Thee Sinseers: Tiny Desk Concert (home)

The Tiny Desk is working from home for the foreseeable future. Introducing NPR Music’s Tiny Desk (Home) Concerts, bringing you performances from across the country and around the world. It’s the same spirit — stripped down decor, an intimate setting — just a different space.

To appreciate the magic of a performance by Thee Sinseers, you have to understand the mix of Chicano and African-American communities in post-WWII Southern California. Living in the same neighborhoods, these communities have created a virtual symphony of R&B, mariachi and boleros. And what you hear in this California band’s Tiny Desk (home) gig, as they perform among the plants of a flower shop, builds on a musical legacy that has come to be known as “oldies but goodies” in the Chicano community.

From the start, bandleader and vocalist Joey Quiñones and his crew dig deep with their original songs that pay homage to the oldies in a way that evokes my own memories of lowrider car shows and lazy Sunday afternoons at Roeding Park. in Fresno, California. “What’s His Name” features a delicate falsetto that was popular in 1950s R&B. The short horn parts and doo-wop background vocals fall into a call-and-response context for the lyrics over a broken heart.

There’s a very real connection in this set between the passionate vocals of the best R&B ballads and the mariachi ranchera, both of which borrow from the emotional devastation of Italian opera. All of this is on display in “Hold On”, which makes us wonder how we have the power to continue living. Particular attention should be paid to vocalist Adriana Flores’ delicate plea on “Lovin You,” which turns into a breathy ballad fueled by a tight, screaming chorus from the entire band.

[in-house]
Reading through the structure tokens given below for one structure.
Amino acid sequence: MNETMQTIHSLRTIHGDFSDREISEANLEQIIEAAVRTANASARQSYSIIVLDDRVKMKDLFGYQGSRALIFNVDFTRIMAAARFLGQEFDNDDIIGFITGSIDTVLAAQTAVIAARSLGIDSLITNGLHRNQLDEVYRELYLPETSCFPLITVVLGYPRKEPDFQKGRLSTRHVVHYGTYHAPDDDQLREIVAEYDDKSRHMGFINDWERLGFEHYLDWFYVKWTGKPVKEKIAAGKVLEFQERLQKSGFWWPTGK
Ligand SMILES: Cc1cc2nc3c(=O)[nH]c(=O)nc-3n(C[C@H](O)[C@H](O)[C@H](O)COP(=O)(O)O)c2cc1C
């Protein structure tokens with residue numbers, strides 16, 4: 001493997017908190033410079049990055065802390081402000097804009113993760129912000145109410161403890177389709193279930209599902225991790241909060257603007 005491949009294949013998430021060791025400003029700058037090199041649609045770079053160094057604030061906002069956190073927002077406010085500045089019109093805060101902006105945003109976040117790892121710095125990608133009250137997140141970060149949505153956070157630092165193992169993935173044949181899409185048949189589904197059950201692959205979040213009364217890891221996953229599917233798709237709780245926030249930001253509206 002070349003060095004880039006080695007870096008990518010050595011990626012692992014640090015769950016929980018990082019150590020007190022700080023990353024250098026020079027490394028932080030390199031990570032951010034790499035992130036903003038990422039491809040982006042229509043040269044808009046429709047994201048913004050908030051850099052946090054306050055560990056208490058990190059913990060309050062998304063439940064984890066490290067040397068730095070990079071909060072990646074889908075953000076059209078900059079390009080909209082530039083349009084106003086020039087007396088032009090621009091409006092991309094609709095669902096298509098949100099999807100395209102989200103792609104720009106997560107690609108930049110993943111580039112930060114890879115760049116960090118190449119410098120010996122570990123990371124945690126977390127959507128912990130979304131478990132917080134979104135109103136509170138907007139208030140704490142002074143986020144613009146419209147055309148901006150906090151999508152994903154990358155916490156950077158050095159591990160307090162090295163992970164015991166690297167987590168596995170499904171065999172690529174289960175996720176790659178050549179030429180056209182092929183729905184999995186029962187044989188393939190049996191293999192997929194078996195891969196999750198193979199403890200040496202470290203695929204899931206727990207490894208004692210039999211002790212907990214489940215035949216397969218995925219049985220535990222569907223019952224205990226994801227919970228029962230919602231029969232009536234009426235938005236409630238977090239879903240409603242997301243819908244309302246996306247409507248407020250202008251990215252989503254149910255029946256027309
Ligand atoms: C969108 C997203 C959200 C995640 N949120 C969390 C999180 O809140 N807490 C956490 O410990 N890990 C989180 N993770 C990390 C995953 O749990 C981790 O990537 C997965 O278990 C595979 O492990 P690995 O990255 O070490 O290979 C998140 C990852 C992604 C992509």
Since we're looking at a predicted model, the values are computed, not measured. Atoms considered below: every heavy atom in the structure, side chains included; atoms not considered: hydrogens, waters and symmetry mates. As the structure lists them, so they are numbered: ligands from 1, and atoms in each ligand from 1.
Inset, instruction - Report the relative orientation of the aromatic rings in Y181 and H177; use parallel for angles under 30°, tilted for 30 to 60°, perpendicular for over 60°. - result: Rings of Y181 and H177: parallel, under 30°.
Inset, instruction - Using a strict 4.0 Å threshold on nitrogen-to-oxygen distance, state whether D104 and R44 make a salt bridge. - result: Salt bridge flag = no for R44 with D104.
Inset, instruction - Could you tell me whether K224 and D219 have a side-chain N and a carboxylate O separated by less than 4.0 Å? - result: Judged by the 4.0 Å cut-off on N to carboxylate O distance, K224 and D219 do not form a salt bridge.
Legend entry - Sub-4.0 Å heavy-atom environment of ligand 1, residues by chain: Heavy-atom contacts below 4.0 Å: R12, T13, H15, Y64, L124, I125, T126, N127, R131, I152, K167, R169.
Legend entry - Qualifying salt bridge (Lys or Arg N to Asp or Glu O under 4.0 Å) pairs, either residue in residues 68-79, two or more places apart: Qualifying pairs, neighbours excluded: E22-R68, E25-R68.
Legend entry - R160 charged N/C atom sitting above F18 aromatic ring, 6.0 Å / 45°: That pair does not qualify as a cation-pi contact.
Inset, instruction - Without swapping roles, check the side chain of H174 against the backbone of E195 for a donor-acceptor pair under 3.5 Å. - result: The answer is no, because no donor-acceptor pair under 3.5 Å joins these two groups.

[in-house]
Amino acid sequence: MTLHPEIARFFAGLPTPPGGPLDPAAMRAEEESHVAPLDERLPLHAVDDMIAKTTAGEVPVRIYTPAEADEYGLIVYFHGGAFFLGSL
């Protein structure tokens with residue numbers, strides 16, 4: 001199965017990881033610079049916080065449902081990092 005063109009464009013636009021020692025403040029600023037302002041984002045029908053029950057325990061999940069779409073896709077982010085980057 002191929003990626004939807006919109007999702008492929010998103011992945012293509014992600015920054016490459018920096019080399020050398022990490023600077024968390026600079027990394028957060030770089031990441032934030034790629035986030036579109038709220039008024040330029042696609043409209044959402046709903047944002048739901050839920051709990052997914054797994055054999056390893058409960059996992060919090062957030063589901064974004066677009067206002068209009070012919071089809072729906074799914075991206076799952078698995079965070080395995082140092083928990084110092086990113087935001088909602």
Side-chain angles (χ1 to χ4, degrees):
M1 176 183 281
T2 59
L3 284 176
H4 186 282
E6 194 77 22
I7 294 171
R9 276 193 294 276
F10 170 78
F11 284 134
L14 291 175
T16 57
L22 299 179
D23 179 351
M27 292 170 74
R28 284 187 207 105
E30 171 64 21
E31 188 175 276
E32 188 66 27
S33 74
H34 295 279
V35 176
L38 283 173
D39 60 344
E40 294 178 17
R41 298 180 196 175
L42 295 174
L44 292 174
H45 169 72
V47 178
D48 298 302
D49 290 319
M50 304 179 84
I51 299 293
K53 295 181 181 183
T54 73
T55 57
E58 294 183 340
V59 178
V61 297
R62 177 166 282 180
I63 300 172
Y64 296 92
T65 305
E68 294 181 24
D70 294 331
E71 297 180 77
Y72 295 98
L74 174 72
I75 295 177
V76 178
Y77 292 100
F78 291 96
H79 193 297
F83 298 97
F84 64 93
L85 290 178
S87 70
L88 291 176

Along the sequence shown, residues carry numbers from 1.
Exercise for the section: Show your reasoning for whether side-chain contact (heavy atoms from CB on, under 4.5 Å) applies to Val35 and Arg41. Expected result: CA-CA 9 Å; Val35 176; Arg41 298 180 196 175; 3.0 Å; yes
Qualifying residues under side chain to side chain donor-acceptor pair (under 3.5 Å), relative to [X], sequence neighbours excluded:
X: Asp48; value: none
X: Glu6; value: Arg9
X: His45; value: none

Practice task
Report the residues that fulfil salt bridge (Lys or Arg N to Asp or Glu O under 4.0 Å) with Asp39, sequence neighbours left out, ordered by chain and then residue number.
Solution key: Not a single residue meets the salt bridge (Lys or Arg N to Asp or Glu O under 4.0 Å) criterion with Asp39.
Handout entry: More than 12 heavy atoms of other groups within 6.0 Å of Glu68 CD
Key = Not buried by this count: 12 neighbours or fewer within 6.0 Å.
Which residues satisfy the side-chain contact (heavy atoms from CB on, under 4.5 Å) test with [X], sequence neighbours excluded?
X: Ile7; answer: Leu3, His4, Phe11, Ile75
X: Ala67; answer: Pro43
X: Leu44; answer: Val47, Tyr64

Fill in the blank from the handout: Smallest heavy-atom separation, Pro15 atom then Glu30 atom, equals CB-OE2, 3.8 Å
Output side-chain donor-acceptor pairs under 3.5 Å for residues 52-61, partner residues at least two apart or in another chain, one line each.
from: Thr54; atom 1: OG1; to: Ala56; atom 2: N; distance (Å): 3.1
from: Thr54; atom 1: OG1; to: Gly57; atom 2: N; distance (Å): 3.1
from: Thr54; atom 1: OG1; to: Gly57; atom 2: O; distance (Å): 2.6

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  • “What is his name”
  • “Wait”
  • “I like you”
  • “There must be something”


  • Joey Quiñones: vocals, keyboards
  • Adriana Flores: vocals
  • Christophe Manjarrez: bass
  • Francisco Flores: guitar
  • Bryan Ponce: guitar, vocals
  • Luis Carpio: drums, vocals
  • Eric Johnson: saxophone
  • Joseluis Jiménez: trombone
  • Steve Surman: saxophone


  • Director/Editor: Bryan Ponce
  • Camera: Anthony Ramirez, Rosario Briseño
  • Sound engineer: Brian Gazo
  • Mixed by: Joey Quiñones
  • Location: Floreria Primavera


  • Producer: Ana Sayre
  • Video producer: Kara Frame
  • Audio mastering: Josh Rogosin
  • Small production team: Bob Boilen, Bobby Carter, Joshua Bryant, Michael Zamora, Maia Stern, Ashley Pointer
  • Vice President, NPR Music: Keith Jenkins
  • Senior Vice President, Programming: Anya Grundmann

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